Take the 2-minute tour ×
Stack Overflow is a question and answer site for professional and enthusiast programmers. It's 100% free, no registration required.

I have to get in java protected final static int [] SIEVE = new int [ 1 << 32 ]; But i cant force java to that.

Max sieve what i get is 2^26 i need 2^32 to end my homework. I tried with mask but i need to have SIEVE[n] = k where min{k: k|n & k >2}.

EDIT I need to find Factor numbers from 2 to 2^63-1 using Sieve and sieve must have information that P[n]= is smallest prime with divide n. I know that with sieve i can Factorise number to 2^52. But how do that exercises with holding on to the content.

EDIT x2 problem solved

share|improve this question
1  
What do you really need to do? Allocating a huge array is not the correct way to do what it. –  unholysampler Oct 11 '11 at 14:24
    
Only the ints would occupy 16 GB, so get yourself a high end server. –  Mister Smith Oct 11 '11 at 14:25
    
I don't think you're supposed to do this for your homework. –  Ishtar Oct 11 '11 at 14:26
add comment

2 Answers

up vote 2 down vote accepted

If you really need to store that much data in memory, try using java.util.LinkedList collection instead.

However, there's a fundamental flaw in your algorithm if you need to store 16GB of data in memory. If you're talking about Sieve of Eratosthenes and you need to store all primes < 2^32 in an array, you still wouldn't need an array of size 2^32. I'd suggest you use java.util.BitSet to find the primes and either iterate and print or store them in a LinkedList as required.

share|improve this answer
    
A LinkedList is by far less efficient than an array, both in RAM and performance. –  Mister Smith Oct 11 '11 at 14:33
    
I just gave a way to work around his problem, irrespective of the consequences. It works. I've however qualified my answer by pointing a possible flaw in his approach. –  Jagat Oct 11 '11 at 14:35
    
Yes, I totally agree with what you said and I've read about its performance impact as well. Again, the answer I gave isn't a clean one and is just something that "works" for him. –  Jagat Oct 11 '11 at 14:47
add comment

You can't. A Java array can have at most 2^31 - 1 elements because the size of an array has to fit in a signed 32-bit integer.

This applies whether you run on a 32 bit or 64 bit JVM.


I suspect that you are missing something in your homework. Is the requirement to be able to find all primes less than 2^32 or something? If that is the case, they expect you to treat each int of the int[] as an array of 32 bits. And you need an array of only 2^25 ints to do that ... if my arithmetic is right.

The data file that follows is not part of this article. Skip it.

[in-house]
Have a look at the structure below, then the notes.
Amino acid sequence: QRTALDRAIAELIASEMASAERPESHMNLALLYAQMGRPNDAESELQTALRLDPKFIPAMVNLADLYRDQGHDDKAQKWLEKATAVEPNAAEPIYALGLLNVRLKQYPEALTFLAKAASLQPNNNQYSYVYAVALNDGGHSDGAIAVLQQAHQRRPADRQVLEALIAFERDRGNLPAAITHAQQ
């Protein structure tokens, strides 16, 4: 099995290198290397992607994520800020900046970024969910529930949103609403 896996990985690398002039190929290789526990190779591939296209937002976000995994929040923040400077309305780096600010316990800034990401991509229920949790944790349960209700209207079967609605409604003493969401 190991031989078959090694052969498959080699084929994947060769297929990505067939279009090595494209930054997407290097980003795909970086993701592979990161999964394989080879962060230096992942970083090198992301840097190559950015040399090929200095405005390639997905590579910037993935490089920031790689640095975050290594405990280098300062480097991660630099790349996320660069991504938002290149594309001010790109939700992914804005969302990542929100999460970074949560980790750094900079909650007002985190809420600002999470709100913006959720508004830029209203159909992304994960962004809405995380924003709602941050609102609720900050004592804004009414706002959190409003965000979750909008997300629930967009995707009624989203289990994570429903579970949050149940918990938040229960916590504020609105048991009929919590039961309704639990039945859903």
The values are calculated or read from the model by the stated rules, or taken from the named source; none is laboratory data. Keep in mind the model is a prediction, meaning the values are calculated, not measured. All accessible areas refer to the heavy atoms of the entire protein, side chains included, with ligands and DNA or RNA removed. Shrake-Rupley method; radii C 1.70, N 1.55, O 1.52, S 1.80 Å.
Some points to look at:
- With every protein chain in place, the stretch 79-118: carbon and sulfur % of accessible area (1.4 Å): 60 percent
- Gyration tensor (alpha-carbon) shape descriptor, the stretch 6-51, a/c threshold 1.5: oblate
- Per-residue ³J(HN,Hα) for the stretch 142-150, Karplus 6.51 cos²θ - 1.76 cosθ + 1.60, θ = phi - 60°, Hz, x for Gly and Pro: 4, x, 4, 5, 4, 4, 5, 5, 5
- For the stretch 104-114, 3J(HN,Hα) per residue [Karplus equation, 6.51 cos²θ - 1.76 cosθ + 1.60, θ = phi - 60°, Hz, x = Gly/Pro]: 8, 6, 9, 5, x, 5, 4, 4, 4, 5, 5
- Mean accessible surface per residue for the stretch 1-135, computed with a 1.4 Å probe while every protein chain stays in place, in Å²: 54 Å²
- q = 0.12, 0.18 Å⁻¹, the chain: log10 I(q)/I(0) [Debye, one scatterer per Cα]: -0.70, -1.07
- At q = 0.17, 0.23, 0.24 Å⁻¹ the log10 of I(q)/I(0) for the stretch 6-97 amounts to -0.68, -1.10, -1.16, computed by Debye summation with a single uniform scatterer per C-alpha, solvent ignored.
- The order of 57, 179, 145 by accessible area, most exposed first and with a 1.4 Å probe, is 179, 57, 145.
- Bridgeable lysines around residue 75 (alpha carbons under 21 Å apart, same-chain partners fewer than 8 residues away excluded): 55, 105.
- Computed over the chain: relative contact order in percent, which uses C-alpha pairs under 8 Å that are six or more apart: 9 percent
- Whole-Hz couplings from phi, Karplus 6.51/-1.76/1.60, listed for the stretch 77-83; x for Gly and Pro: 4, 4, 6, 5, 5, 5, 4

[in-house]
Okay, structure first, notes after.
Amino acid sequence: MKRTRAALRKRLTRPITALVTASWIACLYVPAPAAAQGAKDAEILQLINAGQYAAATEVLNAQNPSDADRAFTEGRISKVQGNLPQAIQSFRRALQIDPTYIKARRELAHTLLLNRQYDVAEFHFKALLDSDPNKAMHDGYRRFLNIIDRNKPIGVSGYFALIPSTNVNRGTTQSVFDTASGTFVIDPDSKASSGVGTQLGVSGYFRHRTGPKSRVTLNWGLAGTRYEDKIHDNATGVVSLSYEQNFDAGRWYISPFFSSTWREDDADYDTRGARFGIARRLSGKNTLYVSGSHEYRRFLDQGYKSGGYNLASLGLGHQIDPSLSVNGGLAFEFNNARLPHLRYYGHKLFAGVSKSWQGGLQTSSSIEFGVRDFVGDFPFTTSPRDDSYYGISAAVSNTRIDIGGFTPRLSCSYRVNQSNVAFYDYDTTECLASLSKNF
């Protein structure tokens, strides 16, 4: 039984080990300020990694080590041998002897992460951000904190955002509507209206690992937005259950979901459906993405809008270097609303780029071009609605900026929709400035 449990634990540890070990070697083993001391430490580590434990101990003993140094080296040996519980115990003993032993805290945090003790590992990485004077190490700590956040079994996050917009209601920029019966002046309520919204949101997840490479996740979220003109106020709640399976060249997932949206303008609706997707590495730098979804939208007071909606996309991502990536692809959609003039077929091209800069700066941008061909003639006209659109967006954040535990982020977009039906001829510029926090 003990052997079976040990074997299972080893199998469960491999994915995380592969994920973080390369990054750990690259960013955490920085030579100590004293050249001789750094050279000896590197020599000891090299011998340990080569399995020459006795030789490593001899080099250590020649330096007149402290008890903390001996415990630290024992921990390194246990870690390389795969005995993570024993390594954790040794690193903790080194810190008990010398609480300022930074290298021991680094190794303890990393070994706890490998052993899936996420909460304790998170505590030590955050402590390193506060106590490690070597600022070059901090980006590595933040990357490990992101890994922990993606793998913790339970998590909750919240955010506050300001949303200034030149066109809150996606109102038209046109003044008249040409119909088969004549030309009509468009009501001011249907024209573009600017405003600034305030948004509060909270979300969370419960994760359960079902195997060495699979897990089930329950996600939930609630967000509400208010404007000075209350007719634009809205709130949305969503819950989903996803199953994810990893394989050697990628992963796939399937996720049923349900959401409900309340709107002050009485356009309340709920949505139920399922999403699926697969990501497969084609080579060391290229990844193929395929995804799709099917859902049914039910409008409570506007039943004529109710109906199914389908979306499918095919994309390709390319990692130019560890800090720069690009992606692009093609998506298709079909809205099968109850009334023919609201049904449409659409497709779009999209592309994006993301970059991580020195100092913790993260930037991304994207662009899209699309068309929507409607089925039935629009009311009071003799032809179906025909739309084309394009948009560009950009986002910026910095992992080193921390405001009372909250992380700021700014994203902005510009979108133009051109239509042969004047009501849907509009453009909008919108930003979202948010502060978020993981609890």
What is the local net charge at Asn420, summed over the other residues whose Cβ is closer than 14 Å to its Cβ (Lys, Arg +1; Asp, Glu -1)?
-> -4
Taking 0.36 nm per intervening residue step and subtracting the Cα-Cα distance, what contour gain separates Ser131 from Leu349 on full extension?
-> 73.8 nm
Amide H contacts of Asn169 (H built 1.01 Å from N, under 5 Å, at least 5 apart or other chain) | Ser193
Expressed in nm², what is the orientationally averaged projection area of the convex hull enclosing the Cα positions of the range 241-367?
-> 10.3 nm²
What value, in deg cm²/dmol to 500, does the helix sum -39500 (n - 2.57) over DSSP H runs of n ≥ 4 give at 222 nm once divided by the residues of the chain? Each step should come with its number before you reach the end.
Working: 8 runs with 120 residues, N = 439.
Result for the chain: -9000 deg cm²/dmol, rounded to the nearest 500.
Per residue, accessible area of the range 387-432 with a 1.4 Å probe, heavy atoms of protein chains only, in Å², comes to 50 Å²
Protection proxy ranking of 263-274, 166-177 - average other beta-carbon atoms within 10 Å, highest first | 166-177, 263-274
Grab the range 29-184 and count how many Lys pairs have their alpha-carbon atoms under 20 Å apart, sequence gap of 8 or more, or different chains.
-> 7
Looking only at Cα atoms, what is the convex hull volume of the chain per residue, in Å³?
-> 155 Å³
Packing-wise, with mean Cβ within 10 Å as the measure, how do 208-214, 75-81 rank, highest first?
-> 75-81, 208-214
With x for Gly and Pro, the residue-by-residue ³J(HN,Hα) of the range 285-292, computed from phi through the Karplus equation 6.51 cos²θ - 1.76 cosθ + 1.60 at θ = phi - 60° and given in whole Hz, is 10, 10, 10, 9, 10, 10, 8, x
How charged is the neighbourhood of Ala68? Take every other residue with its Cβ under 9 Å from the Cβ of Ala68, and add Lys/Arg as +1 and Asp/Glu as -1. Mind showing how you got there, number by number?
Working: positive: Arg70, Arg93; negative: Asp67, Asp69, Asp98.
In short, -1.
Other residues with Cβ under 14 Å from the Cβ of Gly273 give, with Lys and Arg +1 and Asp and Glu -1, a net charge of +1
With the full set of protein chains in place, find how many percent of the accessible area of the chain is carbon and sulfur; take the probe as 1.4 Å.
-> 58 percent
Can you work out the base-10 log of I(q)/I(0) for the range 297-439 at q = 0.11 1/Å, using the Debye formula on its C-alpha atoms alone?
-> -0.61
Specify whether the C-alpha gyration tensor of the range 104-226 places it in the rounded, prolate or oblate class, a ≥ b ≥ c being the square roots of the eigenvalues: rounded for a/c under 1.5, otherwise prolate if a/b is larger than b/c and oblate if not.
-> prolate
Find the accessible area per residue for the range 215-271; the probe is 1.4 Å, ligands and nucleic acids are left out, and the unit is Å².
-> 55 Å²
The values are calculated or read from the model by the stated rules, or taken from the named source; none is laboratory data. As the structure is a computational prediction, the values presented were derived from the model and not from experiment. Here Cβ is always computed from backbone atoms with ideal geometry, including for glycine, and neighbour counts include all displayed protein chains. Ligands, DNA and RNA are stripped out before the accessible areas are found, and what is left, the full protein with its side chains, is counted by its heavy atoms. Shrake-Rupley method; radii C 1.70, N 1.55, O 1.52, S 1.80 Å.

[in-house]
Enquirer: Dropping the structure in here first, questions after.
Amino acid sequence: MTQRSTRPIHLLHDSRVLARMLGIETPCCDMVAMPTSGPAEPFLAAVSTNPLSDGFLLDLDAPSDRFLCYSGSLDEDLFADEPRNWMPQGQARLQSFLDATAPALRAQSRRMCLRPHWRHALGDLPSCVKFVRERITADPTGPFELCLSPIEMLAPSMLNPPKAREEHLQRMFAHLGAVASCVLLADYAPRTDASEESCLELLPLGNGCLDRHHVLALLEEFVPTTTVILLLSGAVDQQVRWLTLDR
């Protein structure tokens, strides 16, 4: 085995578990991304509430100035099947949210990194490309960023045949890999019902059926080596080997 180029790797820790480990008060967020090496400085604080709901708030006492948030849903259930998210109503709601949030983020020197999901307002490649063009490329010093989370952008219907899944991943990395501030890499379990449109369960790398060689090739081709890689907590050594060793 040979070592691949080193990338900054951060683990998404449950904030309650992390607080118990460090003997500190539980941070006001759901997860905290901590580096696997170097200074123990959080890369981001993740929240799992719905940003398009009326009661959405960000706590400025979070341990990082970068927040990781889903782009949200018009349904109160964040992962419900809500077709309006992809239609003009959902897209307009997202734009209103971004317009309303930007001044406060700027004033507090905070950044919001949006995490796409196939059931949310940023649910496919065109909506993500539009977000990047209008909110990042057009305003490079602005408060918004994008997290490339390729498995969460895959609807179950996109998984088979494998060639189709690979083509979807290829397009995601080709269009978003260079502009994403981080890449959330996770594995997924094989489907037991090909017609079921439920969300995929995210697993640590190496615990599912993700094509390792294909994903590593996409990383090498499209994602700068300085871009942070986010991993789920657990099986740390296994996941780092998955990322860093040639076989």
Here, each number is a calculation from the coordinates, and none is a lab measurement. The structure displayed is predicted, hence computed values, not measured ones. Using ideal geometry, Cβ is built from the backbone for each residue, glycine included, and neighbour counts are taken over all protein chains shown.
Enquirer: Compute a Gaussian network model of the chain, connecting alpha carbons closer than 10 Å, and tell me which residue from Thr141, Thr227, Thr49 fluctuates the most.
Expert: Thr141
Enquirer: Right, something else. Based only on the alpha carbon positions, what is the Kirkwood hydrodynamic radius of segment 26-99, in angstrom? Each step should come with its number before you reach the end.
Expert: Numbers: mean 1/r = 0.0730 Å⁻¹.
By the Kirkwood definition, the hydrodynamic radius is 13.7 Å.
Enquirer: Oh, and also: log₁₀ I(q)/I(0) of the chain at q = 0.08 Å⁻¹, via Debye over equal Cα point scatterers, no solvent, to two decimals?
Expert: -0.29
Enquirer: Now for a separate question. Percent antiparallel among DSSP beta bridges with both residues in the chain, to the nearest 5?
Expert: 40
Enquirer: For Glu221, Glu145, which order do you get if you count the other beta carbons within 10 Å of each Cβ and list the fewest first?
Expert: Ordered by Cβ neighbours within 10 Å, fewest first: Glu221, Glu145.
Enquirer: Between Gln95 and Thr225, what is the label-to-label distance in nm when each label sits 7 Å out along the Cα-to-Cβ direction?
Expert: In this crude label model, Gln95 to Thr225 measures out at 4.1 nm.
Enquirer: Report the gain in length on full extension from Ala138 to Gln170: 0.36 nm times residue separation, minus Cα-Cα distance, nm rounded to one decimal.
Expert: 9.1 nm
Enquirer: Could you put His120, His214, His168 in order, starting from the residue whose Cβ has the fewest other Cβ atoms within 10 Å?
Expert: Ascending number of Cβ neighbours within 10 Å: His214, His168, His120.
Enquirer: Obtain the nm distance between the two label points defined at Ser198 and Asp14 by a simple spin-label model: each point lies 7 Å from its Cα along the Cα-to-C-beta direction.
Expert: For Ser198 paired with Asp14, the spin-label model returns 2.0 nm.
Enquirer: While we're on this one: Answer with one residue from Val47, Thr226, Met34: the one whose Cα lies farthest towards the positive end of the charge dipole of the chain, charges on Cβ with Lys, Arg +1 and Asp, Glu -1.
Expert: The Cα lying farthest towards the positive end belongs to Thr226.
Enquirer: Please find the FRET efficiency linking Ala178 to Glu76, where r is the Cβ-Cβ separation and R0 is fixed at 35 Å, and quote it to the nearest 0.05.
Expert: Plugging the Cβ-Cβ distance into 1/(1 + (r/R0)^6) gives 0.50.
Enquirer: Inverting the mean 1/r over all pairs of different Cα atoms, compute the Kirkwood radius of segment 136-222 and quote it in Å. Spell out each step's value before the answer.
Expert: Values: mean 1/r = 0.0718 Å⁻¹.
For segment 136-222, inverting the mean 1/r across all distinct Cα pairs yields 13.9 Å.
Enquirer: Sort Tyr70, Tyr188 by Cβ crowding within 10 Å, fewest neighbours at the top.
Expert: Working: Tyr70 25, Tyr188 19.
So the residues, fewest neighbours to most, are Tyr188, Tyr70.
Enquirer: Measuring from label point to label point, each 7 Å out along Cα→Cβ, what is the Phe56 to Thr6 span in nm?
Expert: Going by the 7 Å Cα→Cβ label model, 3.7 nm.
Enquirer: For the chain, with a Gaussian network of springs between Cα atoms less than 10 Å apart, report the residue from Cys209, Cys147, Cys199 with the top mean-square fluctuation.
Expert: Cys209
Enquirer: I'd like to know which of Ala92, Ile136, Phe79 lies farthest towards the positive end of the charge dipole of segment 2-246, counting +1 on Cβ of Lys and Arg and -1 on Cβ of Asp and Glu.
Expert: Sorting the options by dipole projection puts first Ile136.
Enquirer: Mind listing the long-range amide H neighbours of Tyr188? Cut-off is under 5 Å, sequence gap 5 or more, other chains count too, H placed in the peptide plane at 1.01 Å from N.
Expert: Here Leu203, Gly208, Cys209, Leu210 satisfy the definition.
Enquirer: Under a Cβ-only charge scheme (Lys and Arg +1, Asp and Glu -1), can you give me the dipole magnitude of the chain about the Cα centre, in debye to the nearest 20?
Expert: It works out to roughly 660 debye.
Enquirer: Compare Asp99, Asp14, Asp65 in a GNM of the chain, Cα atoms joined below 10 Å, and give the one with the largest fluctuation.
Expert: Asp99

A BitSet is another good alternative.

A LinkedList<Integer> is a poor alternative. It uses roughly 8 times the memory that an array of the same size would, and the performance of get(int) is going to be horribly slow for a long list ... assuming that you use it in the obvious fashion.

If you want something that can efficiently use as much memory as you can configure your JVM to use, then you should use an int[][] i.e. an array of arrays of integers, with the int[] instances being as large as you can make them.


I need to find Factor numbers from 2 to 2^63-1 using Sieve and sieve must have information that P[n]= is smallest prime with divide n. I know that with sieve i can Factorise number to 2^52. But how do that exercises with holding on to the content.

I'm not really sure I understand you. To factorize a number in the region of 2^64, you only need prime numbers up to 2^32 ... not 2^52. (The square root of 2^64 is 2^32 and a non-prime number must have a prime factor that is less than or equal to its square root.)

It sounds like you are trying to sieve more numbers than you need to.

share|improve this answer
    
I need to find Factor numbers from 2 to 2^63-1 using Sieve and sieve must have information that P[n]= is smallest prime with divide n. I know that with sieve i can Factorise number to 2^52. But how do that exercises with holding on to the content. –  Bla bla Oct 11 '11 at 15:05
add comment

Your Answer

 
discard

By posting your answer, you agree to the privacy policy and terms of service.

Not the answer you're looking for? Browse other questions tagged or ask your own question.